There is an oft-repeated refrain that budgets are moral documents, reflecting the values of the people who created them. What does it say, then, that the United States continues to spend more and more money locking up its citizens, while at the same time cutting funding for higher education
In 1980, approximately 220 of every 100,000 people in the United States were incarcerated. Now, the U.S. incarceration rate is a staggering 743 per 100,000 residents. Approximately one-quarter of these inmates are imprisoned on non-violent drug charges.
During the same time period, state spending for public higher education was cut by nearly one-third nationwide. Massachusetts has not been exempt from this trend. In 2007, the state spent roughly the same amount on incarceration as it did on higher education. However, between 2008 and 2012, the state's higher education appropriation fell by 37 percent. Although the state was in a period of budgetary reductions, the corrections system did not see nearly the same cuts.
Incarceration Brings Life-Long Consequences
Of course, all this prison spending does more than just impact the cost of college. It puts a whole population of people at risk of being dependent on the system - or even worse, shuttling in and out of prison - for their entire life.
Going to prison makes it extremely difficult to gain an economic foothold later in life. According to research by the education group Public Administration, approximately 60 percent of ex-convicts remain unemployed a year after release. By contrast, the unemployment rate among recent college graduates is around 12 percent. The disparity does not stop there: ex-convicts can expect a median income of about $22,000 per year, while the median annual income for college graduates is approximately $55,000.
Many employers simply refuse to hire people who have spent time in prison, no matter how old the conviction. With unemployment as high as it is, weeding out applicants who have "checked the box" indicating a past felony conviction seems like an obvious first step to many businesses inundated with job-seekers.
The negative effects of incarceration extend well beyond employment and income. In nearly all states, prisoners lose their right to vote. In Massachusetts, that right is restored after release, but many states impose much lengthier bans on felon voting. Some ban felons from voting for life, even after their probation is over. In addition, many former inmates find it difficult to qualify for food assistance, student loans, visitation time with their children and a whole host of other rights and privileges that most people take for granted.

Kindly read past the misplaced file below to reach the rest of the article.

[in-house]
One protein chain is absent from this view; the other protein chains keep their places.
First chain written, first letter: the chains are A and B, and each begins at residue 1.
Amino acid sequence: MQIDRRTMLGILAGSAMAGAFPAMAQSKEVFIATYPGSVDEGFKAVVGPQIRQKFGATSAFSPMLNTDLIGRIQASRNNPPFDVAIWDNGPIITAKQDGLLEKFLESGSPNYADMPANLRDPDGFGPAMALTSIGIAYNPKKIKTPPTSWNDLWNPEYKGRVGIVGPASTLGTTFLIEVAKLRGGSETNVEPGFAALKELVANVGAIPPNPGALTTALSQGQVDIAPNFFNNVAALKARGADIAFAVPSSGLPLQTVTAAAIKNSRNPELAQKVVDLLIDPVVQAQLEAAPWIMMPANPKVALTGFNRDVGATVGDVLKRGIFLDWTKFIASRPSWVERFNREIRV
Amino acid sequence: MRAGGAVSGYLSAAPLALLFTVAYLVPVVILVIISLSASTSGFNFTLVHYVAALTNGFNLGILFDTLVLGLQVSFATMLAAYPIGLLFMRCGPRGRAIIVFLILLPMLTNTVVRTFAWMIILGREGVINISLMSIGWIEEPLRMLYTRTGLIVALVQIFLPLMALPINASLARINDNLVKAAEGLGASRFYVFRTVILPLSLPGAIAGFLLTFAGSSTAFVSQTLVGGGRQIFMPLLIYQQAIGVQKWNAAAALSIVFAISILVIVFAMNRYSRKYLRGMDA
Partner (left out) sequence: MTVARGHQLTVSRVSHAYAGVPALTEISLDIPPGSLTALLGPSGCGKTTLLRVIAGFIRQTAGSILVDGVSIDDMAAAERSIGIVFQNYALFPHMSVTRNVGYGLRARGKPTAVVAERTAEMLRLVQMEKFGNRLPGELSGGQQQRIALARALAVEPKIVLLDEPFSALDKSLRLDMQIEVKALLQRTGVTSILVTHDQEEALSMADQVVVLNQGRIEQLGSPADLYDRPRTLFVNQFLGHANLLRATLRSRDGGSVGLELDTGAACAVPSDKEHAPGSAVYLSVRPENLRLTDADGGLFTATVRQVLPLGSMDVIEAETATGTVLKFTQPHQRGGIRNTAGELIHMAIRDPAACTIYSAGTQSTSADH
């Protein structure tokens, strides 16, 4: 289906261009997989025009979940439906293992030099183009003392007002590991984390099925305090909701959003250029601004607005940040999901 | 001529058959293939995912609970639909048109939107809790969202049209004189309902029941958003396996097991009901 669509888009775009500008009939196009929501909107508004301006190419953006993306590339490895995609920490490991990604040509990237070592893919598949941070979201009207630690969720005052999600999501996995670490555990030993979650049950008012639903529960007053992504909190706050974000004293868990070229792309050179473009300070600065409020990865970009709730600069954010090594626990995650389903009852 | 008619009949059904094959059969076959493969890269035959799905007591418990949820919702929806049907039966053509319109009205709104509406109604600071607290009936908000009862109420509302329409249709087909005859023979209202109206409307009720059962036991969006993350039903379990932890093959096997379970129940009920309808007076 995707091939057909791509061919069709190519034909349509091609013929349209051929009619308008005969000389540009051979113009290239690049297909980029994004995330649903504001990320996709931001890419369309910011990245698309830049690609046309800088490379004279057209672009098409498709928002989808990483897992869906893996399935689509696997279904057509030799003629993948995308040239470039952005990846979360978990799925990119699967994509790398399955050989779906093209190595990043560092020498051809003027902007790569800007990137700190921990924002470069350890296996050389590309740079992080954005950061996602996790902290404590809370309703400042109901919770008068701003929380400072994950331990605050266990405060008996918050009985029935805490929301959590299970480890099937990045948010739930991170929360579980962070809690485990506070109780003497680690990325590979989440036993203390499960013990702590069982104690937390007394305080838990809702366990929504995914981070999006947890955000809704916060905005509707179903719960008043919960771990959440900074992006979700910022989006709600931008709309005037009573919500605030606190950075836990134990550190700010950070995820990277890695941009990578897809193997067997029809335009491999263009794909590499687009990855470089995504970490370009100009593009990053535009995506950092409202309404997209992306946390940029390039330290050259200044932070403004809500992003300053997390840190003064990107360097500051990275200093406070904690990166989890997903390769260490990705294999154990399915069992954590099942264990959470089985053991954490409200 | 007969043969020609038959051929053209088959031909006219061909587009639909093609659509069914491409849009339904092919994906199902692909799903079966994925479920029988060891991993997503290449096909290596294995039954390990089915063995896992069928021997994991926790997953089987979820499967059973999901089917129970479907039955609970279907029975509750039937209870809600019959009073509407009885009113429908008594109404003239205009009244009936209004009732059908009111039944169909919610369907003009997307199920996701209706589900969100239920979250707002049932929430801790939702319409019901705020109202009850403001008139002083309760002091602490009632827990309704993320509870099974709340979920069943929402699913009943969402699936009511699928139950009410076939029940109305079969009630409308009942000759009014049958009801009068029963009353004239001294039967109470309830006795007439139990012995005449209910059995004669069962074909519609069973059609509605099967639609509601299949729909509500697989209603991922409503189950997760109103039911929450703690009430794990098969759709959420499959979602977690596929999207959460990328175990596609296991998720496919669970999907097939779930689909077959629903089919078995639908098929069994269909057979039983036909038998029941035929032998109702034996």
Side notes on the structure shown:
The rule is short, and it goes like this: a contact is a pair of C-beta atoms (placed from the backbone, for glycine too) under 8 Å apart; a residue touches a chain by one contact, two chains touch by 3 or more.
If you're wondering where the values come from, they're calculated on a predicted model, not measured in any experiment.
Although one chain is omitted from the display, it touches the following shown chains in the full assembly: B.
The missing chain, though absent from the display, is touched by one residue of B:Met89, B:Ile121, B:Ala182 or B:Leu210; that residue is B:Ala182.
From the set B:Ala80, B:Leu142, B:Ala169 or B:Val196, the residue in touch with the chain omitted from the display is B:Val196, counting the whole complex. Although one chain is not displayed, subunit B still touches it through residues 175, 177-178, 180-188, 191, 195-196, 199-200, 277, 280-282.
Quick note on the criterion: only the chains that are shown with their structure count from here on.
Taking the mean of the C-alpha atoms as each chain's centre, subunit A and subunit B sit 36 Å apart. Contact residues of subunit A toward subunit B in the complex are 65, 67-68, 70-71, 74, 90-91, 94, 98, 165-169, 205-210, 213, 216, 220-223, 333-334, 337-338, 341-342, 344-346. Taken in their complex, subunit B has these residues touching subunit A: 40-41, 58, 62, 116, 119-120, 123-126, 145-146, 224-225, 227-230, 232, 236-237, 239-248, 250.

Are We Creating a Permanent Underclass
Many worry that the trend toward mass incarceration is creating a second class of citizens destined to lag behind their peers. While some young people head off to college, others from less-fortunate backgrounds get caught up in the cycle of poverty and addiction that so often leads to incarceration. This disparity tends to affect minority communities the most - as of 2007, there were three times as many African-American people living in prisons than in college dorms. The rate for Hispanic Americans was only slightly lower, with 2.7 prisoners for every dormitory resident.
None of this is to say that people who commit serious crimes shouldn't be held accountable for their actions. But, these statistics show that our current trend toward widespread incarceration and lengthy prison sentences is not the way to build a better society. Perhaps a more compassionate model that focused on providing opportunities to people who might otherwise become entangled in the criminal justice system would prove more effective.
In the meantime, the negative impacts of incarceration make it all the more important for people charged with crimes to vigorously defend their rights. Even if the charge cannot be completely disproved, an experienced criminal defense attorney may be able to help the defendant minimize the consequences of a conviction.
Article provided by Cunha & Holcomb, P.C. Visit us at www.cunhaholcomb.com